Tuesday, May 29, 2007


Whither Iran?

From LGF, this morning:
BAGHDAD - The United States and Iran broke a 27-year diplomatic freeze Monday with a four-hour meeting about Iraqi security. The American envoy said there was broad policy agreement, but that Iran must stop arming and financing militants who are attacking U.S. and Iraqi forces.

Iranian Ambassador Hassan Kazemi Qomi told The Associated Press that the two sides would meet again in less than a month.
. . .
The talks in the Green Zone offices of Iraqi Prime Minister Nouri al-Maliki were the first formal and scheduled meeting between Iranian and American government officials since the United States broke diplomatic relations with Tehran after the 1979 Islamic Revolution and the seizure of the U.S. Embassy.

An AP reporter who witnessed the opening of the session said Crocker and Kazemi shook hands. ...

Speaking later at a news conference in the Iranian Embassy, Kazemi said: "We don’t take the American accusations seriously."

Crocker declined to detail what Kazemi had said in the session, but the Iranian diplomat — formerly a top official in the elite Revolutionary Guards Quds Force — said he had offered to train and equip the Iraqi army and police to create "a new military and security structure" for Iraq.

Kazemi said U.S. efforts to rebuild those forces were inadequate to handle the chaos in Iraq, for which he said Washington bore sole responsibility. He said he also offered to provide what assistance Iran could in rebuilding Iraq’s infrastructure, which he said had been "demolished by the American invaders."

Charles Johnson sees that as being pretty grim, and I have to agree. Are we really negotiating with the world's top terror-supporting regime, one that is actively killing American soldiers in the field, and talking with them about turning Iraqi security over to them?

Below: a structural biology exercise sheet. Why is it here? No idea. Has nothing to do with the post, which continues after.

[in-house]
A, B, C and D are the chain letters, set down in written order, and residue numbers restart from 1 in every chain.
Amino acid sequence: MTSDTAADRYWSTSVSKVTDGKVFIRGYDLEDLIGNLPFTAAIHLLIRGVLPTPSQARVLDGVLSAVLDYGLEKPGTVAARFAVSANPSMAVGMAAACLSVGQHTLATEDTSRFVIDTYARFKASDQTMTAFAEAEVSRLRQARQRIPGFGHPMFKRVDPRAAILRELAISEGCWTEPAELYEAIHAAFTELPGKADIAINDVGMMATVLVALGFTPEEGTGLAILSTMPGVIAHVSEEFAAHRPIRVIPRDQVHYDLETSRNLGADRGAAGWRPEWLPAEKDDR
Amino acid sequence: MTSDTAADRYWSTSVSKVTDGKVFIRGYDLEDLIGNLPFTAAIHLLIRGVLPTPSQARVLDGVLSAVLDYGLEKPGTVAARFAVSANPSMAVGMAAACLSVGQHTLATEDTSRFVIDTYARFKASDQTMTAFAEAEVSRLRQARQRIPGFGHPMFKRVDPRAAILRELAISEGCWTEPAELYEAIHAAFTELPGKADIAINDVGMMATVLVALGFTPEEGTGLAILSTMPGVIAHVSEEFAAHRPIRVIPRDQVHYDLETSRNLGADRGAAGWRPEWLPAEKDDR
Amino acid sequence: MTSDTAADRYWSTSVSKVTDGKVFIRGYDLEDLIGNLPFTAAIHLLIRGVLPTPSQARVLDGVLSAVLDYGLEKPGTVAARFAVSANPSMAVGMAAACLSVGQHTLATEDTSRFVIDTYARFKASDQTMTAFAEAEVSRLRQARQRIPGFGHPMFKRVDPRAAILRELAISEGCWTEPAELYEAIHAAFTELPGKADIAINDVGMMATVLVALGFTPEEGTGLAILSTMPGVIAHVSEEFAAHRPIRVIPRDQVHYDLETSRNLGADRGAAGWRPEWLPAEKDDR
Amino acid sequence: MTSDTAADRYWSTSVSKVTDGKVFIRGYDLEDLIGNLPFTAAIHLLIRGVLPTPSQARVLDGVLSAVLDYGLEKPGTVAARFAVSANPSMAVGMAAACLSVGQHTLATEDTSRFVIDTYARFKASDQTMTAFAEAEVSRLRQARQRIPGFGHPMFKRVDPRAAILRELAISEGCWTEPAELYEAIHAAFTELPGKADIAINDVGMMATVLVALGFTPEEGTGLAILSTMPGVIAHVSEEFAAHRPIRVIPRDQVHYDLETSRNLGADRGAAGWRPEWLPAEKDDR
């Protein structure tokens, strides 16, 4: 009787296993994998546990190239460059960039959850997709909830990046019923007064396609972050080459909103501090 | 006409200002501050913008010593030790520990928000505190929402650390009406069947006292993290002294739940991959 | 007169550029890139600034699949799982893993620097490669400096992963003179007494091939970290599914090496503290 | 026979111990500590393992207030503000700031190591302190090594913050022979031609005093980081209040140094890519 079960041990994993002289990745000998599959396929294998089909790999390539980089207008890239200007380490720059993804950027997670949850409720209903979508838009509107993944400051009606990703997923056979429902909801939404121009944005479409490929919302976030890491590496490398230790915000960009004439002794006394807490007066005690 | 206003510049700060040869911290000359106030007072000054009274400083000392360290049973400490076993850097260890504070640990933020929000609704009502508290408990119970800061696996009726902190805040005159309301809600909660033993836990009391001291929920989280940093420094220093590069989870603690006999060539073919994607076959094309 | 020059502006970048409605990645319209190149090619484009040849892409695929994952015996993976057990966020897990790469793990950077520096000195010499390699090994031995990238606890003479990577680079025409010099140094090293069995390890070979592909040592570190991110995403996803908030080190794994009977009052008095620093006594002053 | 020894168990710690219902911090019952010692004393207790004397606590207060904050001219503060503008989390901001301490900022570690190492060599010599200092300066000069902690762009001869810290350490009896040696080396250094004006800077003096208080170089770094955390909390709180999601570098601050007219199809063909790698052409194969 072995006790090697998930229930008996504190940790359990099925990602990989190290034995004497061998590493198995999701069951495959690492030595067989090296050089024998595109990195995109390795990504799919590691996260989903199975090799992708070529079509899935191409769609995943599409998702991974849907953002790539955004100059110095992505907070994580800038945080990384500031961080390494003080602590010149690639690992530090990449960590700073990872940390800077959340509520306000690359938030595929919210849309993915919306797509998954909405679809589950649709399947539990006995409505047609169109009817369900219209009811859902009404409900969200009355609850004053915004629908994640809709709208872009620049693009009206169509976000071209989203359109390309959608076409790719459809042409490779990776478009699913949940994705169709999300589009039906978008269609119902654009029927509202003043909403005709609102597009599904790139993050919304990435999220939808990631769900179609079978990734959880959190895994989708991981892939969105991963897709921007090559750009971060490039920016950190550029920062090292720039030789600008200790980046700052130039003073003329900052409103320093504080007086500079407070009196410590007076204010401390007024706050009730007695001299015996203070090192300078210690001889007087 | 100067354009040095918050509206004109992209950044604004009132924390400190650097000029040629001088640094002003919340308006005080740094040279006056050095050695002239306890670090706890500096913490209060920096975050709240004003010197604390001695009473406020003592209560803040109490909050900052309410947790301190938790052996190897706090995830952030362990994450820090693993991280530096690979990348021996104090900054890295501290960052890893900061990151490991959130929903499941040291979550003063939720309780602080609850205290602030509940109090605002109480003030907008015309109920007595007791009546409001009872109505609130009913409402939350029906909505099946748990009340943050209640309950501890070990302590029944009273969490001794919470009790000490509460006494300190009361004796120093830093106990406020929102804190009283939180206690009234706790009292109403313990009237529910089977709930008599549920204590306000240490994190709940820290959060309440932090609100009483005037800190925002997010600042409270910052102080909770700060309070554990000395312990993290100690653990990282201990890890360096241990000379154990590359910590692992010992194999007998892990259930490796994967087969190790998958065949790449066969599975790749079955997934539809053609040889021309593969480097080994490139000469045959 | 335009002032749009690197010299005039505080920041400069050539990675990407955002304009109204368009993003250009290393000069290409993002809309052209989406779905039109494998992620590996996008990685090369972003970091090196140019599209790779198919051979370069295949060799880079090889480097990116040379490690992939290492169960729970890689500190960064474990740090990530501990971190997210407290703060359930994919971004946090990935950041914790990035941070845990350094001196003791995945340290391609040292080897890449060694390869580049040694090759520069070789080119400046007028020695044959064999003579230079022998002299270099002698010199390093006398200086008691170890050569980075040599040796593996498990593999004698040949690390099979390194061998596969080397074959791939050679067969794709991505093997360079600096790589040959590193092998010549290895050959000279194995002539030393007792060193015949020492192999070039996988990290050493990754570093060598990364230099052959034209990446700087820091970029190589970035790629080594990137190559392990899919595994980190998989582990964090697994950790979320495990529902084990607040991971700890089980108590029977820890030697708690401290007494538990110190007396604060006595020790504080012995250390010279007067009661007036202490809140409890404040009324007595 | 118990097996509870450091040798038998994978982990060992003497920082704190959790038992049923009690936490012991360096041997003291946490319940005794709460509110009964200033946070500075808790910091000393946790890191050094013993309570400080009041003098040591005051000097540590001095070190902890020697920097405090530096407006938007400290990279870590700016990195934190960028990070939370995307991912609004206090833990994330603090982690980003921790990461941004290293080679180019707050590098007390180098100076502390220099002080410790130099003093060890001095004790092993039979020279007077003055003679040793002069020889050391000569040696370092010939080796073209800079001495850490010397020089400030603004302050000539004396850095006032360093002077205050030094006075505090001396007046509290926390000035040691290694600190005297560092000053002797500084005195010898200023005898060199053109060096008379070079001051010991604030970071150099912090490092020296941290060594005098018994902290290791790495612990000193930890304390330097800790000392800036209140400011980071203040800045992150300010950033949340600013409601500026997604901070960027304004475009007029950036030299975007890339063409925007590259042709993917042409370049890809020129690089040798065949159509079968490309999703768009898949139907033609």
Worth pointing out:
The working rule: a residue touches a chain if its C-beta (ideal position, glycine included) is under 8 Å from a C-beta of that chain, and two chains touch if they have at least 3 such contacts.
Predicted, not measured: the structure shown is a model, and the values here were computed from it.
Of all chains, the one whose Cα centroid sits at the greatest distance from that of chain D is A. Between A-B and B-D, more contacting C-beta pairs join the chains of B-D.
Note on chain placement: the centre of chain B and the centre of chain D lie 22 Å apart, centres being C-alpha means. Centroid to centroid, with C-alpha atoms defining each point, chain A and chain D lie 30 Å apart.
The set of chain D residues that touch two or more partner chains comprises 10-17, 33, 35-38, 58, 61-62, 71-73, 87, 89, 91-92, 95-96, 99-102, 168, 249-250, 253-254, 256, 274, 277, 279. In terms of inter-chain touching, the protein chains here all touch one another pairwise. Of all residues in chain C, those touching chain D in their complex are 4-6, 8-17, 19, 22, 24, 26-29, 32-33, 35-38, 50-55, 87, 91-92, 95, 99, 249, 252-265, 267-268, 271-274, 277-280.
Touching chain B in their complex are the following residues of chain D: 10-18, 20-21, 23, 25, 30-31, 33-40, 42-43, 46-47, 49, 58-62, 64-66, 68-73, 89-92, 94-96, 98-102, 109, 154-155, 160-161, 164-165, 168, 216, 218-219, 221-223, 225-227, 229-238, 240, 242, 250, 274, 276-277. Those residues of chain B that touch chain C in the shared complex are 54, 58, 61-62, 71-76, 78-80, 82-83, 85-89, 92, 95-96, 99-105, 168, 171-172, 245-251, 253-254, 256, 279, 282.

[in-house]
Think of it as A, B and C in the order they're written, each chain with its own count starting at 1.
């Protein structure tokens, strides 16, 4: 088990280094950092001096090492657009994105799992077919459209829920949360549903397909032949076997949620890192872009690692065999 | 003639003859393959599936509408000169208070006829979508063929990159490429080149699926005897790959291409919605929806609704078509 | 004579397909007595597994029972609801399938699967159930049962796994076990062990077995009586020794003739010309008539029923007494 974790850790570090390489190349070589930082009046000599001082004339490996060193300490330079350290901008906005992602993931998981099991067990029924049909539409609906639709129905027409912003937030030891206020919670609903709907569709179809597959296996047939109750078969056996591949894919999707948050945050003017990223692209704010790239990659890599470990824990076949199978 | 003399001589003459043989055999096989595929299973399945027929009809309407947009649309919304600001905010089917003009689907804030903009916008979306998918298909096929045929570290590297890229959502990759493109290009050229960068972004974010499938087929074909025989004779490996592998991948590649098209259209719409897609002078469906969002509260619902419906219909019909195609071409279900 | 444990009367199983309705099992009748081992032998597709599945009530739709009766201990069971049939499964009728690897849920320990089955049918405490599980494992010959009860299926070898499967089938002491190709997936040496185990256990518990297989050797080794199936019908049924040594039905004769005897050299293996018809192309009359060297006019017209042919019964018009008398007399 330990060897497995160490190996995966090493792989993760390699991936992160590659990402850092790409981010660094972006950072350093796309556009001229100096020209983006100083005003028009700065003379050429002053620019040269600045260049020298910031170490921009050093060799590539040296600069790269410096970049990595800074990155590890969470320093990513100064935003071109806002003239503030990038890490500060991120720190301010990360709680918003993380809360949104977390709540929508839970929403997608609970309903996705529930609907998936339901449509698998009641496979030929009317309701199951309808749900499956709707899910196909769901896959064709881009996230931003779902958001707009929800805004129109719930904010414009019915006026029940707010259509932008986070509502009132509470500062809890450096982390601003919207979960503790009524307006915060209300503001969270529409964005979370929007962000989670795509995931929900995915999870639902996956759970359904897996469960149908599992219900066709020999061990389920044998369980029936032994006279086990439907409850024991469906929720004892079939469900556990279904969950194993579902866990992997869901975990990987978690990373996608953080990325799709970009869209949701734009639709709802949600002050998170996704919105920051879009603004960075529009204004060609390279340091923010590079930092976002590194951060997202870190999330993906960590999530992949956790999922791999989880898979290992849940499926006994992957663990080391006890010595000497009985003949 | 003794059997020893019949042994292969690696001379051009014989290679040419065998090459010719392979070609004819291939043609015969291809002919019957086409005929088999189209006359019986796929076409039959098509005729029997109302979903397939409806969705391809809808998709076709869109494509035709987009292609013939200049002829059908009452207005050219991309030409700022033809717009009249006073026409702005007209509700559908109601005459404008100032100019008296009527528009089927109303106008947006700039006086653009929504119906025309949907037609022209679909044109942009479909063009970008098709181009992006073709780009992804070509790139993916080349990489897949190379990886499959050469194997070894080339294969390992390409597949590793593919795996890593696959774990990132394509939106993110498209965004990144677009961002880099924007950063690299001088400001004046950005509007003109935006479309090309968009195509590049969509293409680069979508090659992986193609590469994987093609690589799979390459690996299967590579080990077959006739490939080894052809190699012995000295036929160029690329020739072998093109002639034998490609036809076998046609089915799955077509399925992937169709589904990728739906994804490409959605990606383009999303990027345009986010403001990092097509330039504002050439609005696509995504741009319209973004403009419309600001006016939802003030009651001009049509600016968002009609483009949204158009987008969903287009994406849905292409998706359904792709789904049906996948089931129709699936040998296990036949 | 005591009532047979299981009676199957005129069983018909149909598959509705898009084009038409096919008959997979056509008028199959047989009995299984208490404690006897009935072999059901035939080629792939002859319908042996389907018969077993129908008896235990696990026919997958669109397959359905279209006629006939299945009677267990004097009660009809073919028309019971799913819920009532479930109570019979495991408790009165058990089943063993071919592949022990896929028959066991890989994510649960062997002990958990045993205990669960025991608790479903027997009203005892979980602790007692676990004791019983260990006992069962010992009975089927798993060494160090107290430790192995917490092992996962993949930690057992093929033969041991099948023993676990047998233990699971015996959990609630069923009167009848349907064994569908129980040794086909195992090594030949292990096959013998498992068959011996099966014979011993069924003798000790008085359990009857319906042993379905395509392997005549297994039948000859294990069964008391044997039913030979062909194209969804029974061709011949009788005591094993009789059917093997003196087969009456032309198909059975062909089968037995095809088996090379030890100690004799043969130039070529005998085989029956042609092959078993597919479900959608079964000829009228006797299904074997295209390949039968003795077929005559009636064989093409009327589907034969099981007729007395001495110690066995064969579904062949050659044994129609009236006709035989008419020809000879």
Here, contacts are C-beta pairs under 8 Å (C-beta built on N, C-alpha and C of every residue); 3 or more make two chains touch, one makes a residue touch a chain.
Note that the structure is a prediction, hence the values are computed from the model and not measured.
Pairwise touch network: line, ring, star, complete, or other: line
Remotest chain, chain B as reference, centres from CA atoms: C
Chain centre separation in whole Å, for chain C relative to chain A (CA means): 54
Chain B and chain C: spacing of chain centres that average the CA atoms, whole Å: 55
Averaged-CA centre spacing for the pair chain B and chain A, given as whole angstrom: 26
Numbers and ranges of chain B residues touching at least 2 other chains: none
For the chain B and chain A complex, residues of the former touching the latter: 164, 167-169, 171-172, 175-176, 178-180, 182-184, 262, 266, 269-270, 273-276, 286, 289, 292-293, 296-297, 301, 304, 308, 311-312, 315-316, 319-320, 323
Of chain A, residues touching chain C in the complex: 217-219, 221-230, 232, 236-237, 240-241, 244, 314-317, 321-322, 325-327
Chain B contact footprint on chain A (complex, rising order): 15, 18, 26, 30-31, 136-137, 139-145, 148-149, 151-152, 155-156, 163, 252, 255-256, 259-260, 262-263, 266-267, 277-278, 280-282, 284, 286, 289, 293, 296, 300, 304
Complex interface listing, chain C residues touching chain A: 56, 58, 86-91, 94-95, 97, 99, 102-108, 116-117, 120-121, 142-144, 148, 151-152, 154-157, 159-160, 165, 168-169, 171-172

I'm tempted to wonder if this is the same sort of "negotiation" that Speaker Nancy Pelosi had with Bashar Assad in Syria. But no, this had to be authorized and official. The U.S. was represented by our current Ambassador to Iraq, Ryan Crocker, and it took place in the offices of Iraqi Prime Minister Maliki. It's hard to imagine a more official meeting than that.

Then again, just a week ago, ABC was crowing about this:
Brian Ross and Richard Esposito Report:

The CIA has received secret presidential approval to mount a covert "black" operation to destabilize the Iranian government, current and former officials in the intelligence community tell the Blotter on ABCNews.com.

The sources, who spoke on the condition of anonymity because of the sensitive nature of the subject, say President Bush has signed a "nonlethal presidential finding" that puts into motion a CIA plan that reportedly includes a coordinated campaign of propaganda, disinformation and manipulation of Iran's currency and international financial transactions.

To me, these two stories are mutually exclusive. What gives?

Is one intended to be a feint to distract from the other? (And, if so, in what direction?) Or has the Bush Administration thrown in the towel, after yet another top-secret program is splashed across the headlines, and decided to work from Pelosi's playbook?

Mr. Johnson is buying the latter scenario, wondering if the President is "simply getting tired". I very much hope he's wrong about that. As Margaret Thatcher famously told President Bush's father in 1990, this is no time to go wobbly.

UPDATE: Joining Charles Johnson in the pessimistic outlook is Scott Johnson of Powerline:
I would love to know what the Bush administration has in mind for the mullahs' nuclear program. My guess is runs more along the lines of a whimper than a bang.
I'd love to know too.

Cox & Forkum aren't happy either:


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